Prague - The Czech political elite is again "surfing on the wave on populism" by challenging the church restitution law, Martin Zverina writes in daily Lidove noviny (LN) today.
Předseda hnutí ANO Andrej Babiš (uprostřed) představil 24. července na tiskové konferenci v Praze kandidáty do podzimních komunálních voleb. Na snímku jsou (zleva) Michal Hašek, Petr Novotný, Adriana Krnáčová, Andrej Babiš, Martina Schopperová, Eliška Kaplicky a Patrik Nacher. ČTK Doležal Michal
He comments on the failed attempt of the opposition Communists (KSCM) and Dawn of Direct Democracy to convoke a special session of the Chamber of Deputies to deal with the process of returning the churches´ property confiscated by the communist regime.
Some politicians use the church restitution issue in a similar way as their predecessors used the alleged threat of Sudeten Germans´ property claims ten and more years ago, Zverina writes, recalling that primarily then president Vaclav Klaus warned of it in connection with the Czech Republic´s EU entry.
Though in the past this agenda might help politicians increase their popularity, these times are over. Now the "Sudeten danger" is a dead political topic, Zverina points out.
The church restitution highlighted by the left-wing and populists may fade away with time, too, after it becomes apparent that the state-churches property settlement has also positive sides even for "anti-clerical proponents," Zverina says.
The anti-church slogans that the current senior government Social Democrats (CSSD) have used on their election billboards are still efficient props, but Klaus´s example is warning, Zverina concludes.
The nomination of Andrew Schapiro, a respected lawyer with a Czech-born mother, for new U.S. ambassador to the Czech Republic, is good news for Czechs for several reasons, Daniel Anyz writes in Hospodarske noviny (HN) today.
First, the situation from 2009-2010 when the U.S. Senate delayed the appointment of Norman Eisen will not repeat, Anyz says, adding that the absence of U.S. ambassador in Prague was then perceived as a symbolical expression of the Czech Republic´s importance for Barack Obama´s administration.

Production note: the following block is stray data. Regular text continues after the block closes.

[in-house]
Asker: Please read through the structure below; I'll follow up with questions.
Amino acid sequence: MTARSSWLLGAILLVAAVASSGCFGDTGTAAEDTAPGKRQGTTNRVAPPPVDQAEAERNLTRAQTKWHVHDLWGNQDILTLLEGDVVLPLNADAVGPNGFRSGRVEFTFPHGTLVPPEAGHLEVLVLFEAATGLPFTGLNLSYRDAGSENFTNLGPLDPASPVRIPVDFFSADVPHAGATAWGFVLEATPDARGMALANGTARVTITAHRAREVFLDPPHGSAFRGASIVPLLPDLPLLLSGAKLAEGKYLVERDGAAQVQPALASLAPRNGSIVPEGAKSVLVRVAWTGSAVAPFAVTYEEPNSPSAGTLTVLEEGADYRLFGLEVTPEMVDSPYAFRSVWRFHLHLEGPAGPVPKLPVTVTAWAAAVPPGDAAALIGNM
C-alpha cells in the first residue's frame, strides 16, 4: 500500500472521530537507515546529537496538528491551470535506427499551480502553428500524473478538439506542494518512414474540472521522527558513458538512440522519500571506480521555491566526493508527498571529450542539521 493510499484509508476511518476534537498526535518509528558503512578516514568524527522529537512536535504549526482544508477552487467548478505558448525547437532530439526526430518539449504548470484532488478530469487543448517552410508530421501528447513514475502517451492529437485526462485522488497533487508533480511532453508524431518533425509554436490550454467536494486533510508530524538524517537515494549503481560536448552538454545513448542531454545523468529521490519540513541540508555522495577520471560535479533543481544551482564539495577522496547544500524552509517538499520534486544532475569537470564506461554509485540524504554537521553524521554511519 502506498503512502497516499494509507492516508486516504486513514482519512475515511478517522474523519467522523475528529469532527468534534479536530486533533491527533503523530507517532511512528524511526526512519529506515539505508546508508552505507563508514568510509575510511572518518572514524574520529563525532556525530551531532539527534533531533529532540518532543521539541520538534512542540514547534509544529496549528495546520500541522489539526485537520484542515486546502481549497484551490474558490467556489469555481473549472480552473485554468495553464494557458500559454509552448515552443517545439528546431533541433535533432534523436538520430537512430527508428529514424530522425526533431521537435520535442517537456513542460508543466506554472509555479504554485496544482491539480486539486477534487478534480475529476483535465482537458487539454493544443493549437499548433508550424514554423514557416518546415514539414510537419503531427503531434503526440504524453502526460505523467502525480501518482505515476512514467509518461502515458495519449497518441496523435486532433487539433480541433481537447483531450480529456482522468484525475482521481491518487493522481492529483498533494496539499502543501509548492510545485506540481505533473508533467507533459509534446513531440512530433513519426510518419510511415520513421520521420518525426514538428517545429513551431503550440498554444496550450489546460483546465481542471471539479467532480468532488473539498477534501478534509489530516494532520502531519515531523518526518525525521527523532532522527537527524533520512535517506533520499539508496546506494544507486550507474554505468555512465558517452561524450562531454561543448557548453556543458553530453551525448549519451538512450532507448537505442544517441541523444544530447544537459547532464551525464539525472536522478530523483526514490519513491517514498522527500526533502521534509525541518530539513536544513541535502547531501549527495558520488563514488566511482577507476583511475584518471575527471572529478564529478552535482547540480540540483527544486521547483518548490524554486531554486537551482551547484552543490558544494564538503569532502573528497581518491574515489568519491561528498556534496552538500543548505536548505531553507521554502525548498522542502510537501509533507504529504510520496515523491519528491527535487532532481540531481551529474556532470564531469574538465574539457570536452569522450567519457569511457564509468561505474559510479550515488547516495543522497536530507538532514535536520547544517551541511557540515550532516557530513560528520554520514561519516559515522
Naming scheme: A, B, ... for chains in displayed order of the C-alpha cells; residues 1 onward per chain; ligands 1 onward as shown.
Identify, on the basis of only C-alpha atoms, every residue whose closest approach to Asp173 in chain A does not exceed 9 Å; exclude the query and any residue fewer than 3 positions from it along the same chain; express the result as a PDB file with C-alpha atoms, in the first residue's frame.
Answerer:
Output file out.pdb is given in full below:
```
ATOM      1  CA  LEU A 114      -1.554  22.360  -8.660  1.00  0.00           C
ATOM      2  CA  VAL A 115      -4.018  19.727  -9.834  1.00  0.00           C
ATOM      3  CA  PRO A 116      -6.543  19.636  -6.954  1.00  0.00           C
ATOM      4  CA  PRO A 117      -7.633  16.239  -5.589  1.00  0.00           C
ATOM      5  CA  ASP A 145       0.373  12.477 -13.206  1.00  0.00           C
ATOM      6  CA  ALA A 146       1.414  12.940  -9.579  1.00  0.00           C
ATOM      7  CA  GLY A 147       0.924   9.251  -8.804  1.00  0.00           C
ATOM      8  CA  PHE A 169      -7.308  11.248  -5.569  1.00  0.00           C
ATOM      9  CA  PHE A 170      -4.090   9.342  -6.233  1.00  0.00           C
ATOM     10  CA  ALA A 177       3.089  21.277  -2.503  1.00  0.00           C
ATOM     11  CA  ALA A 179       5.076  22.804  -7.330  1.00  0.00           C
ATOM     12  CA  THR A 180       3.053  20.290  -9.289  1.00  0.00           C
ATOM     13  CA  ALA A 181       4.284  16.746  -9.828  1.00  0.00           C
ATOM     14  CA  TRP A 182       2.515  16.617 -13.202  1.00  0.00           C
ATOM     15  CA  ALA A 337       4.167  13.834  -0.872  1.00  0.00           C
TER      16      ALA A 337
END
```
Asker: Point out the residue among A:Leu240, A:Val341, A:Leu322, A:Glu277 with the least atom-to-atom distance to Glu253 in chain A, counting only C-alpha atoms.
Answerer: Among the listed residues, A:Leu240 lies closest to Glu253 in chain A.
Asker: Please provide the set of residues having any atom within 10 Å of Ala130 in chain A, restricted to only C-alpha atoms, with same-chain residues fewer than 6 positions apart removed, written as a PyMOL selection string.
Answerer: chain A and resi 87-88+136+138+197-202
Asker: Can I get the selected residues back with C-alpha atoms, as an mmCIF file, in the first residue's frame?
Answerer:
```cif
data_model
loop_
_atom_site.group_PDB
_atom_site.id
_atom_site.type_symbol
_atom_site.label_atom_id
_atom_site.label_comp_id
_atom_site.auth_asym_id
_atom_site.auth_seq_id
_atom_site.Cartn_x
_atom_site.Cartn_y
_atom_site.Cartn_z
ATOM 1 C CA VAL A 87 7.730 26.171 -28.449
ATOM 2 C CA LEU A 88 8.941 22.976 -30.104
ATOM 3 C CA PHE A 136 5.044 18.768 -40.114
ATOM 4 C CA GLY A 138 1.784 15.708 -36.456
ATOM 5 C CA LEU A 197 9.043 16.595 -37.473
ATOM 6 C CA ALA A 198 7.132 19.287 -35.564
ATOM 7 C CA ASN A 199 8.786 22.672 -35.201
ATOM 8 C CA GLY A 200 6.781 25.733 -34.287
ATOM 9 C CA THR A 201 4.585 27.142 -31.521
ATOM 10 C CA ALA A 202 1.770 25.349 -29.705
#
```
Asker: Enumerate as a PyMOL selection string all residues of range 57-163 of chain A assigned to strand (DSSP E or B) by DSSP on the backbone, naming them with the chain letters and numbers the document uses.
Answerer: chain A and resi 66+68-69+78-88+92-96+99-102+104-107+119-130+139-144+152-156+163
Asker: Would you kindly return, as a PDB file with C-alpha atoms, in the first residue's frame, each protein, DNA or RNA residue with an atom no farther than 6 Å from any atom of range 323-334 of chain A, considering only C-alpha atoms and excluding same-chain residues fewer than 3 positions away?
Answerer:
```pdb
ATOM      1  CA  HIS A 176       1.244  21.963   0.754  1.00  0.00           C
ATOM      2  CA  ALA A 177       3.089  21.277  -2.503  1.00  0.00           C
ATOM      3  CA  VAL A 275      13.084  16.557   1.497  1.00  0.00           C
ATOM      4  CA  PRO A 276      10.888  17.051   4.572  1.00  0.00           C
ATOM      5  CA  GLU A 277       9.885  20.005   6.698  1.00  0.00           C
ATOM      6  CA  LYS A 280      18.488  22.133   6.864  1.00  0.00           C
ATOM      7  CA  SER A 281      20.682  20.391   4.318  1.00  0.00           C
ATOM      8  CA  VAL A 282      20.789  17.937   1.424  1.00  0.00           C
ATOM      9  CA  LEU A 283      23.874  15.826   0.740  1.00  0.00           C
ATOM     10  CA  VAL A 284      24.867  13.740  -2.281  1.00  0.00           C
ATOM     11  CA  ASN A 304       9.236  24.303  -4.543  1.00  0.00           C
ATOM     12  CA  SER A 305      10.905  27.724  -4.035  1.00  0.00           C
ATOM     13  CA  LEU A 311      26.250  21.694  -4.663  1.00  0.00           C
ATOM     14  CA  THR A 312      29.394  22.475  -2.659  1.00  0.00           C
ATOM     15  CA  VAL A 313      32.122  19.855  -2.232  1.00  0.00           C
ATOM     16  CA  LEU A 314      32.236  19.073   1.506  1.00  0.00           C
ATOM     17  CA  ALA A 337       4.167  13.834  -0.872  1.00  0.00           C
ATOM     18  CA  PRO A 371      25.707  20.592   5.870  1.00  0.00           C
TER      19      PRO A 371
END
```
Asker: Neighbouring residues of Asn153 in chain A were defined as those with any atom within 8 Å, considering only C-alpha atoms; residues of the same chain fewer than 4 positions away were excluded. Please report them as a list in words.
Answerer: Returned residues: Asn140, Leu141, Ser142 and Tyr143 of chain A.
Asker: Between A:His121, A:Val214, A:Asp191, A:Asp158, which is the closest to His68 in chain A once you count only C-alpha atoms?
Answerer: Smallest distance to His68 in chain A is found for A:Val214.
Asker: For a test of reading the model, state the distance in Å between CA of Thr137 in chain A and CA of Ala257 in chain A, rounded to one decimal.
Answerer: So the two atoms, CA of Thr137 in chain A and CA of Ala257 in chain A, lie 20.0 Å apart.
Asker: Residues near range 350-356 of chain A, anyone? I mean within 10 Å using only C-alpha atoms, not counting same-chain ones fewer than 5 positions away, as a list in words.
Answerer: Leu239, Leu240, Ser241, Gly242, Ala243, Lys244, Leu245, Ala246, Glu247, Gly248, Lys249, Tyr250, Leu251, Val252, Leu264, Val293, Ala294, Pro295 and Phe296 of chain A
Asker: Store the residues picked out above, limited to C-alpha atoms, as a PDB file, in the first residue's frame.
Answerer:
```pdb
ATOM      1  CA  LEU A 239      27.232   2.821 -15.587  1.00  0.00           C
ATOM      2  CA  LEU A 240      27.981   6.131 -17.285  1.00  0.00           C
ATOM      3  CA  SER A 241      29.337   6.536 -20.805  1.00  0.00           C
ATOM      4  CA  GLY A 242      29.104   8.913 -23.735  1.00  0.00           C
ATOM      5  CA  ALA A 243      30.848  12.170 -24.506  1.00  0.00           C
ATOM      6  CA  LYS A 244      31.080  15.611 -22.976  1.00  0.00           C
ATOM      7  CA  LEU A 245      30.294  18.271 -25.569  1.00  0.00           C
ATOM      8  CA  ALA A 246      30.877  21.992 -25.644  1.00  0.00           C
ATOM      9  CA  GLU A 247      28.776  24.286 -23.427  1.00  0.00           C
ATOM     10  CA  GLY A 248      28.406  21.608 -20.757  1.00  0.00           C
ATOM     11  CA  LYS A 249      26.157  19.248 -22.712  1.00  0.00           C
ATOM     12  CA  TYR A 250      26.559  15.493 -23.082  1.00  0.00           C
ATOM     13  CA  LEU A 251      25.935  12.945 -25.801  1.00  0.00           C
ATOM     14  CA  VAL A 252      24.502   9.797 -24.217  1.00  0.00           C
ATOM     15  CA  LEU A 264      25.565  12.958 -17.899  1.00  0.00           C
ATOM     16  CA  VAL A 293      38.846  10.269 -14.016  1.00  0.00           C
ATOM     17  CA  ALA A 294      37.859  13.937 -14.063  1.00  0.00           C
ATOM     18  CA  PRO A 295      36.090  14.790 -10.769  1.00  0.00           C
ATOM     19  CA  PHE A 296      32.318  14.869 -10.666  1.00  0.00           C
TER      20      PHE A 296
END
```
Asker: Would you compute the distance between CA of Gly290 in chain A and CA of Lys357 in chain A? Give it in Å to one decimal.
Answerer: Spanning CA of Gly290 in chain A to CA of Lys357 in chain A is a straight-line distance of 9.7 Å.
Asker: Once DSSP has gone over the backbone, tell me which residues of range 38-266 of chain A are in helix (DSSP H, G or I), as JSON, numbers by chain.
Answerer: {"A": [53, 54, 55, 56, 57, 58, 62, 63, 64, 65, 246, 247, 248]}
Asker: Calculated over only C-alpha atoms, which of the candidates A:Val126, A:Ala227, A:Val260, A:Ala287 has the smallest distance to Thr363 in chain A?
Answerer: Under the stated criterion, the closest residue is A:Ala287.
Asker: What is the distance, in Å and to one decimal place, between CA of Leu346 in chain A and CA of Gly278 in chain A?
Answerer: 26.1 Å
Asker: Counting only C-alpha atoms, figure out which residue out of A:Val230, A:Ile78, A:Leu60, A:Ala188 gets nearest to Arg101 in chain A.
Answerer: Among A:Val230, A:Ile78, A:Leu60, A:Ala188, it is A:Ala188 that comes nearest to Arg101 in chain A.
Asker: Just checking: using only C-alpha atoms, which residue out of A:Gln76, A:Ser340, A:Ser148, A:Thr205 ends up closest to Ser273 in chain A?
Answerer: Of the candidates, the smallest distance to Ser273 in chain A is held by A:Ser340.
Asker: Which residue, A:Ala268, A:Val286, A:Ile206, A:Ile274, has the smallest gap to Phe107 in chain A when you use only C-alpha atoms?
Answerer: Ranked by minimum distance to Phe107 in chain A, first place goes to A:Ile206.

In view of this symbolism, another positive piece of news is that now it seems that Washington regards Prague as a really significant diplomatic destination, Anyz notes.
Last but not least, Schapiro is a candidate of high qualities though he is not a career diplomat, but a political nominee. In addition, his family history has predestined him for Prague, Anyz writes.
"After Norman Eisen, another ambassador who stands close to the top levels of Obama´s team and at the same time has Central European roots arrives in Prague. Now it is up to Prague to manage to use it in the best possible way," Anyz concludes.
Billionaire businessman and ANO chairman Andrej Babis is fulfilling the late president Vaclav Havel´s dream about an active civic society that does not hesitate to knuckle down to politics, Petr Fischer writes elsewhere in Hospodarske noviny (HN) with irony.
Through Babis´s ANO movement, politics is becoming a common occupation that really everyone can do, at least everyone who is publicly known, that is a journalist, a factory director, an actor or an activist from an NGO, Fischer writes, referring to ANO´s leading candidates for the autumn local elections in Prague, headed by businesswoman and activist Martina Schopperova.
"Babis´s project of a new populist movement solving people´s problems and not politics is about to be crowned. With time all well-known faces will be in the party for all voters that wants to gain all votes. It will be such a beautiful political block, one solid piece of totalitarian granite on which all kinds of solid things can be built," Fischer writes.